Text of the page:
Our unborn dragon is now at 23 weeks and counting, and as Babycenter.com tells me, can hear sounds pretty well, so I broke out my iPod and played a little Billie Holiday the other day, thanks be to Susanne’s unending patience. One book I found suggests that I should play loud sounds in proximity to her uterus so that they won’t bother the dragon as much once it’s out in the world with us. I’m not sure I can pass off needing to vacuum our bedroom, as we have hardwood floors in there. Maybe I’ll blame it on the dust bunnies that have huddled under our bed. Protection in numbers won’t save those buggers from the Electrolux, after all.
The other major development on the baby front is the sudden and frequent acquisition of “things,” a new pipeline of products of everything from baby food processors to cargo loads of bright and cutesy onesies, breast pumps, pump sanitizers, all manner of diaper-and-tushie-related accessories, and educationalish toys that I’m sure a 3-week-old will surely require. It’s like socially condoned hoarding.
To further complicate the onslaught of plastic, Ecuadoran-made cotton clothing, and safety-assured seating (car seats, bouncy seats, bassinets, cribs, and strollers, they’re all super safe in case the child needs to be set down for a moment), there are virtual and real-life opinions presented to us about these things. Buy this, not that. You don’t need a baby food maker. OMG, the baby food maker SAVED OUR LIVES.
About the only item people agree is unnecessary is the baby wipe warmer, although one of the complaints is that it made the baby wipes too warm. It’s not the idea, I guess, it’s the execution?
Baby products as a market surpassed $6 billion in 2007, and advertisers are still looking for new ways to sell similar, if not the same, items to consumers. Because the diaper market is saturated, marketers have shifted to “training pants,” which to my eye look like bigger diapers with less absorbent material and more elastic. Somewhere in the middle of all of this are things we actually need to care for our little winged one. We turned to friends who are parents, and have gotten some advice, but there is still a lot of research to do before plunking money on a counter for these very many things.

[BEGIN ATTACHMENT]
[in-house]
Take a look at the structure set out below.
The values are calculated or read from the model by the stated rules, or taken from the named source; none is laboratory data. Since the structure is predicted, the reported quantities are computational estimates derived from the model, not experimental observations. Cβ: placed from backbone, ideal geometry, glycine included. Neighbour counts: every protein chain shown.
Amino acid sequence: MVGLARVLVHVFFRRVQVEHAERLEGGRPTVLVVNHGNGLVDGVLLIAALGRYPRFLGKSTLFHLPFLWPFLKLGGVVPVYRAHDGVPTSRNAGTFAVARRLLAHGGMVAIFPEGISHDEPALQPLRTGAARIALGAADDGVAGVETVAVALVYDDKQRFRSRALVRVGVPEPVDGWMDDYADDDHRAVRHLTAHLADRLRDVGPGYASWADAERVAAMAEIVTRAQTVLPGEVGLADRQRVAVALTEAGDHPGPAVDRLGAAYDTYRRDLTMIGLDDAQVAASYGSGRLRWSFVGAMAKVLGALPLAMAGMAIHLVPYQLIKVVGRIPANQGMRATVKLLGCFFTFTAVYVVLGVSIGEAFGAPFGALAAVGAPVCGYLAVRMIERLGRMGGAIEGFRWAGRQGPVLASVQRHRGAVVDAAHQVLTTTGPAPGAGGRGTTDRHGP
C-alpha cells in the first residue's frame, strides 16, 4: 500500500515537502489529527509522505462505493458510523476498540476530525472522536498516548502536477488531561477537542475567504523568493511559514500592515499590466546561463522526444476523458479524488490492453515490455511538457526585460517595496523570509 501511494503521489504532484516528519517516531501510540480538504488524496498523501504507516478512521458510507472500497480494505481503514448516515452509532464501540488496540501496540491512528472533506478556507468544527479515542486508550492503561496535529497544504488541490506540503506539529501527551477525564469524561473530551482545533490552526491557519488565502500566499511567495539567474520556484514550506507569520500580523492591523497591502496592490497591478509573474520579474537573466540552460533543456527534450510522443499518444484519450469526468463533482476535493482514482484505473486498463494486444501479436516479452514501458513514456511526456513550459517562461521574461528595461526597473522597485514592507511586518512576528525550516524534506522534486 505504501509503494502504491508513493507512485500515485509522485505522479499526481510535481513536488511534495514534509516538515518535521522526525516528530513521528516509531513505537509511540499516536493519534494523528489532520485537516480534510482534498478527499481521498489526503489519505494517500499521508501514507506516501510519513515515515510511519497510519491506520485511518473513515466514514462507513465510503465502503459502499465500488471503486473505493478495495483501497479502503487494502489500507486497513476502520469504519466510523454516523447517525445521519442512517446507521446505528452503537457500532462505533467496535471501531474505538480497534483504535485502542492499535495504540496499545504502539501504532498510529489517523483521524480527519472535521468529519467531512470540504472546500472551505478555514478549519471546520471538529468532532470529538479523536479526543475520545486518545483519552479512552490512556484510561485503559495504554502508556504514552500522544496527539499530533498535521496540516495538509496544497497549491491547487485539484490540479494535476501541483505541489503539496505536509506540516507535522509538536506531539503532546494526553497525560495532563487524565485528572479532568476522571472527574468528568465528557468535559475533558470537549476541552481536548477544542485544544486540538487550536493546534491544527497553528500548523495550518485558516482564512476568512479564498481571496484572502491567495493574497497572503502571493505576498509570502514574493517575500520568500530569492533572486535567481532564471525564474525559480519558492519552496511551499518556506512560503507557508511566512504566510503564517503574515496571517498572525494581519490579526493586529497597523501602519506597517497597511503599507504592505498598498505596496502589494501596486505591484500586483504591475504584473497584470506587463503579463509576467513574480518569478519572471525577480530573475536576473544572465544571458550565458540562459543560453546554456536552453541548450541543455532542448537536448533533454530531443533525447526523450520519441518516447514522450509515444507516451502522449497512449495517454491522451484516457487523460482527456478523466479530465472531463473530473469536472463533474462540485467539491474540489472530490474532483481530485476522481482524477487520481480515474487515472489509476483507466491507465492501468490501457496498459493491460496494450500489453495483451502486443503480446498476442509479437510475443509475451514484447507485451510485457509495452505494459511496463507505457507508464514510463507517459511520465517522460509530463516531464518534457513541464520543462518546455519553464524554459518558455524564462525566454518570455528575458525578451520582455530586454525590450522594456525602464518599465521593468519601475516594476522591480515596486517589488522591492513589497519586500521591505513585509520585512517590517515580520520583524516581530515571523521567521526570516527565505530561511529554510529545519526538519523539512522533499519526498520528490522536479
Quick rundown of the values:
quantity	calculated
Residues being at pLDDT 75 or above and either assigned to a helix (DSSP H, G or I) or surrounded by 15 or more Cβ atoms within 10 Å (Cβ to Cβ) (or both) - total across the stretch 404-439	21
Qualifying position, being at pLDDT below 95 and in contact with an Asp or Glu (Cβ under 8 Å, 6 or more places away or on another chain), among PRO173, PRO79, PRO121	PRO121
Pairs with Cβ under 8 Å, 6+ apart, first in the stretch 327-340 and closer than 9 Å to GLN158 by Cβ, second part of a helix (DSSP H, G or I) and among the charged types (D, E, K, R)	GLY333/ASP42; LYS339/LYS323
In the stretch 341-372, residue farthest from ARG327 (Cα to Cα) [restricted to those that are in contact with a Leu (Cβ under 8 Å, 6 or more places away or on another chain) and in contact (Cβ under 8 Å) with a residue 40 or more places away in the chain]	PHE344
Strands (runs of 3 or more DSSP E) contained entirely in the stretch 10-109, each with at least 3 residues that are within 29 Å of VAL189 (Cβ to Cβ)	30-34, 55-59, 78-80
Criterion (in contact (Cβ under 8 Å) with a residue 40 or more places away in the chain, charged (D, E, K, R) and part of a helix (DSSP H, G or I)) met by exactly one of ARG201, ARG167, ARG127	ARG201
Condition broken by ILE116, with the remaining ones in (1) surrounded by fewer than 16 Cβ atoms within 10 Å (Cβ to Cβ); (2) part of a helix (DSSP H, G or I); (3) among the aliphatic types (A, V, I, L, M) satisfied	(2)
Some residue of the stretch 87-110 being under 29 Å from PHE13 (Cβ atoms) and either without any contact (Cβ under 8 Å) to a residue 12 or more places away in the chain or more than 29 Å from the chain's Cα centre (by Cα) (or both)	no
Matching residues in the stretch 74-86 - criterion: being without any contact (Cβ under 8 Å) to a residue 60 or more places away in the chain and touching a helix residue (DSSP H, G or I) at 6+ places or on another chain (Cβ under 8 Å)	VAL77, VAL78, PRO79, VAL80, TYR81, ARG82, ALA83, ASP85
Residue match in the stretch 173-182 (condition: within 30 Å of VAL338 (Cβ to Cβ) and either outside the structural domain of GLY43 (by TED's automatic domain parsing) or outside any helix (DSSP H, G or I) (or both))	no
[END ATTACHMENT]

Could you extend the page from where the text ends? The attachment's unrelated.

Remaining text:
I also want to note that all of this research takes a lot of time, something I’m not supposed to have much of after the birth. I’d go ahead and get started on reading up about the needs of my someday 6-year-old, but I’m concerned everything I read will be out of date by then. What’s a future parent to do?
Here’s an idea—I’ll attempt to let a lot of this go. One acquaintance remarked to us this weekend that she’d been improperly sterilizing her breast pump tubing, and so fed her daughter spoiled milk for her first three months. Break out the La Leche police! Good thing I could look over and see that the daughter, who just finished kindergarten, miraculously survived such abuse. Maybe we can relax about what kind of trauma our children will suffer at our best intentions.
Of course I’m not suggesting babies should drink sour milk, and of course this mother corrected the way she cleaned her tubes, but we all know that the point is the kid is fine, the mom’s fine, and in all likelihood, breast pump cleaning instructions could be improved.
I suffer from this culturally imposed concern, I know. On Sunday we procured a bouncy seat for $5 from a woman who no longer needs hers. I pointed to two stains on the seat, as if they were clearly live anthrax or botulism toxin. Susanne gave me a look, she of the even-tempered clan, and reminded me that there are still more products out there, in stores across the country, that clean such soiled fabrics. Yes, yes, I nodded. I’d forgotten myself.
Now if I can just remember to stay rational when I haven’t slept in six weeks. I’m sure it’ll be a cakewalk. A cakewalk past the play mat, foam squares, folding playpen, IKEA toy chest, and changing table.